Naked ownership and usufruct: implications for the seller and the buyer
“Genoa: liferenter (usufructuary) aged 95 sells naked ownership of apartment of 6 large rooms with two balconies. The apartment is divided into an entrance hall, a large hall, kitchen, two bedrooms, bathroom and pantry. High floor with elevator, sunny panoramic exposure. Only 85,000 €. You can fins good bargains like this on italian real-estate ads, but what is naked ownership in Italy?
The bare ownership is generally an investment option for those who aim at the revaluation of the brick in the long term, without immediate needs or housing (obviously the house remains at the disposal of the usufructuary as long as he is alive), or profitability (purchase to rent).
The years of crisis have pushed the offer of this type of solutions: the 2016 data recorded an increase in the bare-property trade of + 11.7% (24,107 transactions).
What does it mean to buy a property in this mode?
There is no doubt that for those who sell the formula to satisfy the interest of obtaining liquidity, to divest, but without leaving the house and without (as in the case of a regular loan) having to start every month to return the money. If, however, I also have another house in which I live, I can, as an usufructuary or liferenter, make income and also round off my pension.
For those who buy, it definitely involves buying at a reduced price (the younger person the longer the life expectancy), waiting for the moment of death to become a homeowner, then go live or rent it. In the case where the bare property has been sold by owners in communion of property, it is necessary to wait for the death of both to come into possession. This is done as an investment, for example, to give the house to a child who is still small at this time.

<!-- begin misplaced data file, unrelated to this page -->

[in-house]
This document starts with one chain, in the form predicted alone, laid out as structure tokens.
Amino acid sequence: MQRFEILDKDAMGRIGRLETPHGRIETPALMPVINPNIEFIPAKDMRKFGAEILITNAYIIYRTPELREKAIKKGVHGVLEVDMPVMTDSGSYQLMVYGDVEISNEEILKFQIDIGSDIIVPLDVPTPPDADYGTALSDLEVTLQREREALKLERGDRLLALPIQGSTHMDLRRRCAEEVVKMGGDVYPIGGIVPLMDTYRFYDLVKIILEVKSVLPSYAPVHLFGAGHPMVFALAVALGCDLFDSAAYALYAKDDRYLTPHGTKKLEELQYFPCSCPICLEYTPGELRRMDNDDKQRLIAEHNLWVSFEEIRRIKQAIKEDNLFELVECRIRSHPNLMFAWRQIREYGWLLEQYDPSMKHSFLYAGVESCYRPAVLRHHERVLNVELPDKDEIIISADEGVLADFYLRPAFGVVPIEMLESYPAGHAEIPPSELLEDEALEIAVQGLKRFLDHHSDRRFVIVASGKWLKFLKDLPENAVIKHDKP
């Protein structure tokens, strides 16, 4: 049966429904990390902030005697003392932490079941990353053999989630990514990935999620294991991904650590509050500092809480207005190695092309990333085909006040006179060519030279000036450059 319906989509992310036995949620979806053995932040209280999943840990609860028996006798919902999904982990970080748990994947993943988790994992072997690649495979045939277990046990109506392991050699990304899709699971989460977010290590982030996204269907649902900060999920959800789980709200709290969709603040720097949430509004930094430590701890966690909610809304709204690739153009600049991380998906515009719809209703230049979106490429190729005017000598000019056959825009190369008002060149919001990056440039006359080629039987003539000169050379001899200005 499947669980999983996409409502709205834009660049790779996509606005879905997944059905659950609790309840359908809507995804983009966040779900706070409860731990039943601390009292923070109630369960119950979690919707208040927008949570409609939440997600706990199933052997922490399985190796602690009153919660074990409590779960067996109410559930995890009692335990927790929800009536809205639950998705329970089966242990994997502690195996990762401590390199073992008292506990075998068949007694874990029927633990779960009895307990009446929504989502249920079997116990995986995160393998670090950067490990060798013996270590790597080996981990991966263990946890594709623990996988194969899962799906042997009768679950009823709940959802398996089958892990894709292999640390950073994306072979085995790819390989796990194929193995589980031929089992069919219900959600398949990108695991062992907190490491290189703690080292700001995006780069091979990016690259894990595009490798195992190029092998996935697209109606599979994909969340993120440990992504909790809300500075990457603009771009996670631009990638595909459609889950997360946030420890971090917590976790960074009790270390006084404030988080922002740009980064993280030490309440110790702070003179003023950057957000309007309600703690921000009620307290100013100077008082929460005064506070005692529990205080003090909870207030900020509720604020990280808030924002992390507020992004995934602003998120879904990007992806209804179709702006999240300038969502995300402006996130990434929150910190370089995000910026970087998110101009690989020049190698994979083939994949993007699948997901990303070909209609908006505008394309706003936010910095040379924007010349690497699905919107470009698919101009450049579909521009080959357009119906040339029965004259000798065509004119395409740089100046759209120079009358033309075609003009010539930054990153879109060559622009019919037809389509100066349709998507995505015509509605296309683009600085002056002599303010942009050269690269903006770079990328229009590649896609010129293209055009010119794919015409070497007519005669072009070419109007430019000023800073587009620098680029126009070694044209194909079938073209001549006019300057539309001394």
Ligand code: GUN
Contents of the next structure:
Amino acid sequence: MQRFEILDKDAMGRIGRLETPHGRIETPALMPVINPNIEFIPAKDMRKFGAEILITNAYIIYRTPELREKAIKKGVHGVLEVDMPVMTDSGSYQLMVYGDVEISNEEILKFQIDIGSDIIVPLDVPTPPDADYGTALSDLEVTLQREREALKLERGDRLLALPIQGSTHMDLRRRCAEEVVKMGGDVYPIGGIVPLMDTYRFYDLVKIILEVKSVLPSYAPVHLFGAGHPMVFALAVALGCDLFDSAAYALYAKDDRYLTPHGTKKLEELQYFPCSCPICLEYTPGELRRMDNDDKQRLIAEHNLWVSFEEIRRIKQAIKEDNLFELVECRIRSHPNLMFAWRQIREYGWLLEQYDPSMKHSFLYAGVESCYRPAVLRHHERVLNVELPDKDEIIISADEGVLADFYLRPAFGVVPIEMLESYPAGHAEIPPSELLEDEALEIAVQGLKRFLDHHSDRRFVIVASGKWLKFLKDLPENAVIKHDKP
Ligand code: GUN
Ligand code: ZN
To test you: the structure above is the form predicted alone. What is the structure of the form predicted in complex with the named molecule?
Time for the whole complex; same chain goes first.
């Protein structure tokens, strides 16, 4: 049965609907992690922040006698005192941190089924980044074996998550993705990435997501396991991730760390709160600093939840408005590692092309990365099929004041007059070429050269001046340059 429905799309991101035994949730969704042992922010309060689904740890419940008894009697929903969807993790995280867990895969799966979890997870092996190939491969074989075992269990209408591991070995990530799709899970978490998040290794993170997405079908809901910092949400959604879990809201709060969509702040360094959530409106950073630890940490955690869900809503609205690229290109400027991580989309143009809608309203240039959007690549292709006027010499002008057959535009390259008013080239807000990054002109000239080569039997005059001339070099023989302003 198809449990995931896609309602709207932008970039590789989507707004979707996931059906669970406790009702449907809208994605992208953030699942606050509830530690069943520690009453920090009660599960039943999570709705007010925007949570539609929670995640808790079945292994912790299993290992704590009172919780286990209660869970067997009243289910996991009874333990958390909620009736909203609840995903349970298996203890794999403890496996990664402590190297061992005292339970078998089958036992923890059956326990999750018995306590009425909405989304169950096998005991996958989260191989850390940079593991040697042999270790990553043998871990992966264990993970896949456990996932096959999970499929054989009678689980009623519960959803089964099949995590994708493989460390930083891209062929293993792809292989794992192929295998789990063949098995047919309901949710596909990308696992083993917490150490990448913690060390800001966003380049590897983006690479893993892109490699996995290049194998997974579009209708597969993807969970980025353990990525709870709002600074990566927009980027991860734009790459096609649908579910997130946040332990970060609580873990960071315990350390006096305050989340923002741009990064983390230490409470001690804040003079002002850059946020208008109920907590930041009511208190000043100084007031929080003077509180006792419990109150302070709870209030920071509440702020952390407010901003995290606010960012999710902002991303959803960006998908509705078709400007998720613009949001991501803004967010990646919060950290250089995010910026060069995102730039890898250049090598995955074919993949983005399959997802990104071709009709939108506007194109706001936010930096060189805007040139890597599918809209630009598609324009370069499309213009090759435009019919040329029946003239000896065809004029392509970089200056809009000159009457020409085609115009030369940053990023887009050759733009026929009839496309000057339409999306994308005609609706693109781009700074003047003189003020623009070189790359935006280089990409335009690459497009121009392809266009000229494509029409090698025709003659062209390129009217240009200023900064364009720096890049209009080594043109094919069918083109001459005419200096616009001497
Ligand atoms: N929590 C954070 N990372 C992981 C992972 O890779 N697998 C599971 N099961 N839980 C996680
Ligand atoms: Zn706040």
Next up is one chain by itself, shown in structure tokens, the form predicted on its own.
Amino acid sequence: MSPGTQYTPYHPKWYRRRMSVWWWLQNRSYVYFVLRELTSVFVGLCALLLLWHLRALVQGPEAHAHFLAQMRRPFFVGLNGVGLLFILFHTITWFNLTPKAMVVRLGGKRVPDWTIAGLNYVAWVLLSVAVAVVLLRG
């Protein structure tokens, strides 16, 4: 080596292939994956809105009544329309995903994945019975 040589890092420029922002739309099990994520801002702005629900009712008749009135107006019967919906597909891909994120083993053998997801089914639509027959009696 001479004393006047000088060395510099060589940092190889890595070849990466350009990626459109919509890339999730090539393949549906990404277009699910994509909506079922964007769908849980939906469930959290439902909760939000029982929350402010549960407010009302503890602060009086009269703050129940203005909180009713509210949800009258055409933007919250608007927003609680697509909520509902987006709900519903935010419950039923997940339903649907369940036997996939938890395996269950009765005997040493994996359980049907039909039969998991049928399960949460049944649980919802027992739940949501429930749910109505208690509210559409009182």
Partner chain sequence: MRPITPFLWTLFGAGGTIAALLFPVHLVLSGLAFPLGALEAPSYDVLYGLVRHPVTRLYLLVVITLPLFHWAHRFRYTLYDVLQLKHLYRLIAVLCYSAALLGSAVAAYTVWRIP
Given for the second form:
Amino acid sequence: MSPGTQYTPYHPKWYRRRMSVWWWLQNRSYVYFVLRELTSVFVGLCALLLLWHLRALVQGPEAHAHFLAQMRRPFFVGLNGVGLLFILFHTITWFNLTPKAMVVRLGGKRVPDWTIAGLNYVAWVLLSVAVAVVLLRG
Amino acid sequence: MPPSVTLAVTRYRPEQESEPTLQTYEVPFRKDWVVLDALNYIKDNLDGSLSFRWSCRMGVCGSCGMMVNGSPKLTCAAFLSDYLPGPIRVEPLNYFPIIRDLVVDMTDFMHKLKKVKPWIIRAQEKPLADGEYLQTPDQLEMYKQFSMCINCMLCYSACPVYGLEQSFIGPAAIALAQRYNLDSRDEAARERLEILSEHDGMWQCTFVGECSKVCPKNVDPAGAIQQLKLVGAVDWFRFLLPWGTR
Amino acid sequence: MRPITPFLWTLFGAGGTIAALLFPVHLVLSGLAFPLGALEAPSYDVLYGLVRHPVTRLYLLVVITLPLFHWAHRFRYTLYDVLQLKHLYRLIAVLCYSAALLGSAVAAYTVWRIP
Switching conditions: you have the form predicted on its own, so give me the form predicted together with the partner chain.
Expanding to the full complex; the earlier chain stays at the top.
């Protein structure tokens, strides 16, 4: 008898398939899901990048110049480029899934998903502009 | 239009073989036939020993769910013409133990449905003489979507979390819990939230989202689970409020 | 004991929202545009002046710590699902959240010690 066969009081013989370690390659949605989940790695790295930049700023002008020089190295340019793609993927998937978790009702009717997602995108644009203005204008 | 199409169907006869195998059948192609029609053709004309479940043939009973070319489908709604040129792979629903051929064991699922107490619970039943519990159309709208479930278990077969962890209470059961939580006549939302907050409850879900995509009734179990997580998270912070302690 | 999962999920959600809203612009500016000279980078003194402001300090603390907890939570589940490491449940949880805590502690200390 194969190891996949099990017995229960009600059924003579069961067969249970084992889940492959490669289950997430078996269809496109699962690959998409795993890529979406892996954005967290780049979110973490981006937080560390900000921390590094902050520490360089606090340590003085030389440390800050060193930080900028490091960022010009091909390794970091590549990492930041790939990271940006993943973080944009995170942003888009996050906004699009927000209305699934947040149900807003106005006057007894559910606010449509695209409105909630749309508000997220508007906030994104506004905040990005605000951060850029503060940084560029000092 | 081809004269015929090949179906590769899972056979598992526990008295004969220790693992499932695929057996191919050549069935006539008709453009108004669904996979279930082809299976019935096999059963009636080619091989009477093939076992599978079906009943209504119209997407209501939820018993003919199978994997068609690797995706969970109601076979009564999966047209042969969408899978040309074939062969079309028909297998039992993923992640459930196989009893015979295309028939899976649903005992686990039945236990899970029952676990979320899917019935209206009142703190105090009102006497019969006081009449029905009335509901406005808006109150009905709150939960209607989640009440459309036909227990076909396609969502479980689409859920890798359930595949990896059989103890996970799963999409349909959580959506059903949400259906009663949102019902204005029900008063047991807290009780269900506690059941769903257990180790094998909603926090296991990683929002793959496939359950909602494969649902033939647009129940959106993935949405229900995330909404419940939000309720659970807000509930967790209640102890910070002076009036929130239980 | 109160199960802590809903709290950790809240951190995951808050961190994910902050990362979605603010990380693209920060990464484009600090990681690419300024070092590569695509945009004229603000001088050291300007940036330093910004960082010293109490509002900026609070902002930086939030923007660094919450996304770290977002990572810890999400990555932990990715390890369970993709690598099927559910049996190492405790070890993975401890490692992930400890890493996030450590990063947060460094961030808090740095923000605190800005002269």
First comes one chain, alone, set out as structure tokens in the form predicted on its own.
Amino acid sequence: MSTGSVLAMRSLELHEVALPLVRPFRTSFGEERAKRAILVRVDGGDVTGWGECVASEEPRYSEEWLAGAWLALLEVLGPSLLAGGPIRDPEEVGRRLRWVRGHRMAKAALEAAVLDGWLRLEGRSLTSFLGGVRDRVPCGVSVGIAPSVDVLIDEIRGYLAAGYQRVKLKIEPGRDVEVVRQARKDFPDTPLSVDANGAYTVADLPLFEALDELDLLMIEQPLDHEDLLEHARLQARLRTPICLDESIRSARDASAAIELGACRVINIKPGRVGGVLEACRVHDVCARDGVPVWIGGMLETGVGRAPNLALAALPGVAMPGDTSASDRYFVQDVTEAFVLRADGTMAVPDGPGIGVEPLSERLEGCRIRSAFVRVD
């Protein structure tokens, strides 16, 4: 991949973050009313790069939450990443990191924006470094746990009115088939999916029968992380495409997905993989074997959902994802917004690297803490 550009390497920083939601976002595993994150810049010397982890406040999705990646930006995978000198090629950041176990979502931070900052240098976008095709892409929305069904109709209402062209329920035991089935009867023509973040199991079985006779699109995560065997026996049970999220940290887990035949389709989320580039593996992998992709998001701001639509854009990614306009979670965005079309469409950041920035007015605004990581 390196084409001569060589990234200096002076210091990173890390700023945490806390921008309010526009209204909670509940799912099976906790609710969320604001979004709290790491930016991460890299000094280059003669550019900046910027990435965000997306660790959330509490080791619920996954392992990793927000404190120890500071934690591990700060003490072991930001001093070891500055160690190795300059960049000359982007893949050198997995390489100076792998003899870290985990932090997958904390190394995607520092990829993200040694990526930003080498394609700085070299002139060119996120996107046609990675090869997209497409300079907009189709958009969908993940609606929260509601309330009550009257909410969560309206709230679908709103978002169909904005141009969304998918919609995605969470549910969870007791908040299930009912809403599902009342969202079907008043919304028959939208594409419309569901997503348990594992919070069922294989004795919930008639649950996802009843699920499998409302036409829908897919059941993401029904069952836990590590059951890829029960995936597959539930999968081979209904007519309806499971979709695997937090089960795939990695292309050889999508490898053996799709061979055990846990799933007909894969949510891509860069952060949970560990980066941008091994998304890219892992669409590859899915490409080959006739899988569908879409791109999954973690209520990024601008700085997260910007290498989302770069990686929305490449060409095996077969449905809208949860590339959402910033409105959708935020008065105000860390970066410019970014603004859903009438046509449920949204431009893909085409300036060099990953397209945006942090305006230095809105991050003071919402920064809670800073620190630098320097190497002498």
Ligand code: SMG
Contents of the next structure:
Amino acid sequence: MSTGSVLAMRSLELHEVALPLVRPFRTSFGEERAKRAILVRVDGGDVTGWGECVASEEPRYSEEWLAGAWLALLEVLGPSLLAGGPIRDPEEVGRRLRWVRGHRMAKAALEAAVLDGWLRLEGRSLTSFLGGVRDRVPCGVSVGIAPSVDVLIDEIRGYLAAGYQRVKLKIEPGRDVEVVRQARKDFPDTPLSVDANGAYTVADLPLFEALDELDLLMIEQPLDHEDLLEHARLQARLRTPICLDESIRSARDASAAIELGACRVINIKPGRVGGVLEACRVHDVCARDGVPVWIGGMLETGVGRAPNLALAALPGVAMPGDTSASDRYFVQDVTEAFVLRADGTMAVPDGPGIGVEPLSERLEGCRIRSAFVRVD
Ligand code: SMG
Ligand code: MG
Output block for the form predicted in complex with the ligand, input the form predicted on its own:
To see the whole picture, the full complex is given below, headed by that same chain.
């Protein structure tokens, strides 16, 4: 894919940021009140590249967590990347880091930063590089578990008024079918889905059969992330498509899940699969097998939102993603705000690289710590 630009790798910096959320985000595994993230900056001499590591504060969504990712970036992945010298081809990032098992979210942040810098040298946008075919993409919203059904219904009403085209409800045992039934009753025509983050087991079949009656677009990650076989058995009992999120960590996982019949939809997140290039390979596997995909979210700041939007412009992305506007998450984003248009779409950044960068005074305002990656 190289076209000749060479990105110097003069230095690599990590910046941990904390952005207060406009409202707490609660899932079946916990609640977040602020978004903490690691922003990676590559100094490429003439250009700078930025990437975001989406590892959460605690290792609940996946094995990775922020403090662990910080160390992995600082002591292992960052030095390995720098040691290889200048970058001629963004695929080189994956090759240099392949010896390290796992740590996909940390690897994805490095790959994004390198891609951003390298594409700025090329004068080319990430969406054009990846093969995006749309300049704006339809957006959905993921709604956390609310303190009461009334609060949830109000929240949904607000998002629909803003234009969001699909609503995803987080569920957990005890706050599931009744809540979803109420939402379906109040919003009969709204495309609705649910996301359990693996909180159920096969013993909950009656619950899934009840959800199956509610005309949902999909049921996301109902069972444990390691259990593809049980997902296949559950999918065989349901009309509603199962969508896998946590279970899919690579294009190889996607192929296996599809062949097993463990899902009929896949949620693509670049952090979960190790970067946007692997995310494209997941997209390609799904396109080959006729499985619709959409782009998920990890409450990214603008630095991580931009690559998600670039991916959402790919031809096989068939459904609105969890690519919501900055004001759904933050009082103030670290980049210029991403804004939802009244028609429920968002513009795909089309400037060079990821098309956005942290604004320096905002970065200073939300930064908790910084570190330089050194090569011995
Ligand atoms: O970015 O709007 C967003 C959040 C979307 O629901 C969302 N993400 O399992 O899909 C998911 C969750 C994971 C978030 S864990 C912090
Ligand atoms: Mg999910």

What are the tax burdens for naked ownership?
Who buys a bare property pays indirect taxes at ordinary rates: so if it is a principal residence it pays 2% on the price or the cadastral value (if you invoke the value-price). If second home, you pay 9%. Naturally, the tax base is reduced because the value of the usufruct is calculated on the basis of the tables attached to the TU (Single Text Law) and is deducted in terms of registration tax.
As for the subsequent expenses: the direct tax costs (IMU, = property tax etc.) and the expenses of co-ownership, in addition to the expenses of ordinary maintenance, are chargeable to the usufructuary.
Extraordinary maintenance (e.g. roof repairs) remains the responsibility of the bare owner.
Who should enjoy this option?
Buyer side: I buy at a much lower price and I bet on the survival more or less long of the usufructuary to calibrate the times when I can enter the house or rent to earn money.
Vendor side: I immediately receive a small amount of money and do not leave the house. I do not have to (as in the mortgage) return anything. Alternatively I can ask, as payment, a monthly rent or a moral and material help according to the needs. But in the latter two cases the risk of default of the buyer are higher and it will be up to the notary to provide the safeguard clauses of the position of the seller.
What are the other aspects to consider?
From the seller’s side:
- You can continue living at home without risk
- Will have to bear the tax burden
- You will have to arrange regular maintenance at your expense
On the buyer’s side
- You will not be able to enjoy the house before the expulsion of usufruct
- However, it will not be necessary to bear the tax burden
- You will have to pay for extraordinary maintenance
Can we sell the bare property of the house before the death of the usufructuary? Yes.
What is the position of the heirs of those who sell a bare property?
The heirs of the seller will find nothing to inherit because the usufruct is extinguished on the death of its owner. The instrument is an indirect way of disinheriting, but it is necessary that the sale be made at a reasonable price otherwise the heirs could challenge it in court.
Can you buy with a mortgage?
Yes of course. Given the reduced value of bare ownership, even the amount I can claim will be proportional to it. If then I get the consent of the usufructuary to register a mortgage on his usufruct, then the bank will have the guarantee on full ownership and not on the bare property alone, so it could give me a bigger mortgage.